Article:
Kearns continued, “Jim is the hardest working promoter I know. I know first-hand about Jim's helpfulness. In 2009 I took over as Santa Maria Speedway promoter. Jim phoned me and offered to help me in any way necessary,including towing his grader north to prepare my track if necessary.” Naylor replied, “I don't deserve those kind words. I've been called ornery.” Later, Jim interviewed the three grand marshals and said he is friends with former USAC Western VP Tommy Hunt, but acknowledged they “had disagreements and went nose-to-nose at times.”

PRINTED PROGRAM: The annual printed Turkey Night” color program by The Program Guys—Harold Osmer and Neil Nissing--was 34 pages this year. It is another winner to keep in your collection of racing souvenirs. All 500 programs sold out on race night. The color cover featured action photos of USAC National Midget champion Logan Seavey, USAC Western Midget champ Michael Faccinto, and USAC West Coast 360 sprint champion Austin Liggett. A photo of the TNGP “Aggie trophy” also graced the cover. The unique trophy had a realistic-looking, scale replica No. 98jr Agajanian-Bowes Seal Fast metal midget with a life-like J. C. Agajania figure sitting in the cockpit wearing a jacket and his familiar Stetson hat.

Program pages contained the two-day TNGP schedule, race preview and Don Basile Rookie of the Race Trophy stories, top ten in points for four series (three USAC and VRA 360 sprints), track records, stories about three TNGP Grand Marshals—Cory Kruseman, Jay Drake and Tommy Hunt, plus very complete entry rosters for midget and sprint car divisions. There were only seven midget write-ins and eight sprint car late entrant write-ins.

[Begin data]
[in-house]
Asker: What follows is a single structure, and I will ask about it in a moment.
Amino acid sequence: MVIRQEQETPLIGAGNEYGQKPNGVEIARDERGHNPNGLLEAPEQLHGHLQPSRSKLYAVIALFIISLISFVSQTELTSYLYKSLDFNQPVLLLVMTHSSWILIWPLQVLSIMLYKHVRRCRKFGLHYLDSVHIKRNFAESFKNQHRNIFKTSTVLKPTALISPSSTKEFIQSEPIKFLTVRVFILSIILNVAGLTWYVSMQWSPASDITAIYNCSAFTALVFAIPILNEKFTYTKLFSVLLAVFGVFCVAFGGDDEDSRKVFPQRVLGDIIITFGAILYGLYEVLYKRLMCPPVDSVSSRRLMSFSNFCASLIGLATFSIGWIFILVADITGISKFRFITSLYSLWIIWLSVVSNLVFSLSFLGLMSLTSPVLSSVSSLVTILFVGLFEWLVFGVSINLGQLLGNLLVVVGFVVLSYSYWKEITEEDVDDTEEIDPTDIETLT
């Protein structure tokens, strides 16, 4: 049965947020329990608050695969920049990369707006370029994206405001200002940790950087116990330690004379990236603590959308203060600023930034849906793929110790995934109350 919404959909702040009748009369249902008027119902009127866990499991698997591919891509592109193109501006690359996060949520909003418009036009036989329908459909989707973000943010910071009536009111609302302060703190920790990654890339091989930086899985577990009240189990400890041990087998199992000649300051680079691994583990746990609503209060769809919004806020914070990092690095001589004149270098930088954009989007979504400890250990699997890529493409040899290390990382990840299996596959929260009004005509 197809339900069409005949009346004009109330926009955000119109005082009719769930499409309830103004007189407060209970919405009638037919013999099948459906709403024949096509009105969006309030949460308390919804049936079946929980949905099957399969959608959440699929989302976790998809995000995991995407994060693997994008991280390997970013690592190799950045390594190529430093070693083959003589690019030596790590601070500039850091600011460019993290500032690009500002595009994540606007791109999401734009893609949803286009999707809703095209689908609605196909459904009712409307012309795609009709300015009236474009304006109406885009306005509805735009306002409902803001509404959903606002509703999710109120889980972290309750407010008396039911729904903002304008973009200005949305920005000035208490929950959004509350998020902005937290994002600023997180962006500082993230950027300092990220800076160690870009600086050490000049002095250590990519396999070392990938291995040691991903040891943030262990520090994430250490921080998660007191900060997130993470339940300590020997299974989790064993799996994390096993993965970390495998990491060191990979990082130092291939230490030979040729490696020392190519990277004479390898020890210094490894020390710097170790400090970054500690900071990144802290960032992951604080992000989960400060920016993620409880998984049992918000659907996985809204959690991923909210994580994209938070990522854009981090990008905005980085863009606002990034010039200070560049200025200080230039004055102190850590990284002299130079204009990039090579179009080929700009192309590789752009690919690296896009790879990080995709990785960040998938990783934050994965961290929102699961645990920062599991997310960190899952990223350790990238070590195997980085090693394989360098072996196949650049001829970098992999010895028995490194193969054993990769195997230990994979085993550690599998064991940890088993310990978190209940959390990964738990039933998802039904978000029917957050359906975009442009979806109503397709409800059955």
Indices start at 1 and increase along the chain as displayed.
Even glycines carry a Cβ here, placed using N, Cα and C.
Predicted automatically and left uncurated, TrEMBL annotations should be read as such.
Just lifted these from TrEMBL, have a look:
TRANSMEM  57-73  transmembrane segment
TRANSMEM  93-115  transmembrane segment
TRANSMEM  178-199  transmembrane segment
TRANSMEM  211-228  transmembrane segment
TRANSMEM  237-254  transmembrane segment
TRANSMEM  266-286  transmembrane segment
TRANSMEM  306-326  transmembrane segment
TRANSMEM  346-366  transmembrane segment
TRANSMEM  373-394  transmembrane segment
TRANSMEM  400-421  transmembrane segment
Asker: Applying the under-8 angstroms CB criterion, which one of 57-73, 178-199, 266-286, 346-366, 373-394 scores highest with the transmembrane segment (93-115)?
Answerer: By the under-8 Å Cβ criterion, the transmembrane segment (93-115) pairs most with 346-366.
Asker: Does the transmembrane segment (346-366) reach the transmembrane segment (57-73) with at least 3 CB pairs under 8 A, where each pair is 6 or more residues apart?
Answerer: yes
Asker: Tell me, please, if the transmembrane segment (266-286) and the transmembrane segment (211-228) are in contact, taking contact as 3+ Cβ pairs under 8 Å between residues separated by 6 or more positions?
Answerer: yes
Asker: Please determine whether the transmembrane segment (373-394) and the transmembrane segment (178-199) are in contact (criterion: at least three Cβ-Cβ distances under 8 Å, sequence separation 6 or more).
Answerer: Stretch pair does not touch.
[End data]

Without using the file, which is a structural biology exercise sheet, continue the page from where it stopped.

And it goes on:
As usual the top five finishers in all 77 prior TNGP midget features were listed on two pages. It shows an impressive array of Indianapolis 500 and open-wheel national champions over the decades from the 1930s to the present. The top five this year were repeaters--winner Christopher Bell and runner-up Kyle Larson. New top five drivers in P. 3-5 order were: Arizonan Chad Boat, Kansan Tucker Klaasmeyer and Indianan Tyler Courtney.

Action photos and the usual TNGP-related crossword puzzle (all TNGP-related answers found elsewhere in the program), were included. The puzzle this year came from Harold's daughter Mirinda. The driver autograph page at the back was included as usual. Ventura's TNGP driver autograph session had drivers sitting at two rows of tables on the main walkway behind the grandstand. During a break for track preparation, drivers signed programs and/or their pre-printed color “hero cards for fans.

FEMALE DRIVERS: Nine females, including four TNGP rookies, were entered in midgets at the 2018 TNGP. They were: Californians Maria Cofer (No. 57), Holly Shelton (No. 67k), and Randi Pankratz (No. 8); Oklahoman-based Michelle Decker (No. 4m) and Holley Hollan (No. 35), Iowan McKenna Haase (No. 85), and Colorado driver Olivia Bennett (No. 77B). The latter four were turkey night rookies. All seven raced. Californians Shannon McQueen and Ashley Hazelton-Heredia scratched and their midgets were not present. McQueen only raced a 360 sprint car this year but said she will have her midget team at the Tulsa Chili Bowl in January, 2019.

MIDGET CHASSIS / ENGINE REPRESENTATION: The TNGP field of 63 midgets in the pits had 14 different builders as shown on the USAC official roster this year. One late entry (No. 45 had an unspecified builder/engine). Spike was the most popular chassis with 31 (almost half the field). Others were: Bullet by Spike-11, TCR-four, Rick Stewart-three and two each from Beast, Edmunds Autoresearch and Triple X. Single chassis builders were: Boss, Breka (New Zealand), Bullet, Dave Ellis, Eagle, Elite, and Stealth.

Midget engines came from 16 constructors as follows: Speedway Toyota supplied 19 and Esslinger 16 power-plants. Next in order were: Stanton SR-11 with six, and Fontana with four. Two engines each came from Arias, Chevy, GAM Chevy, Toyota and Van Dyne Chevy. Single engines came from Deppe, GAM Pontiac, McCabe Chevy, Mopar, Stanton, Transfer Esslinger and Warrior. Unspecified engine completed the field.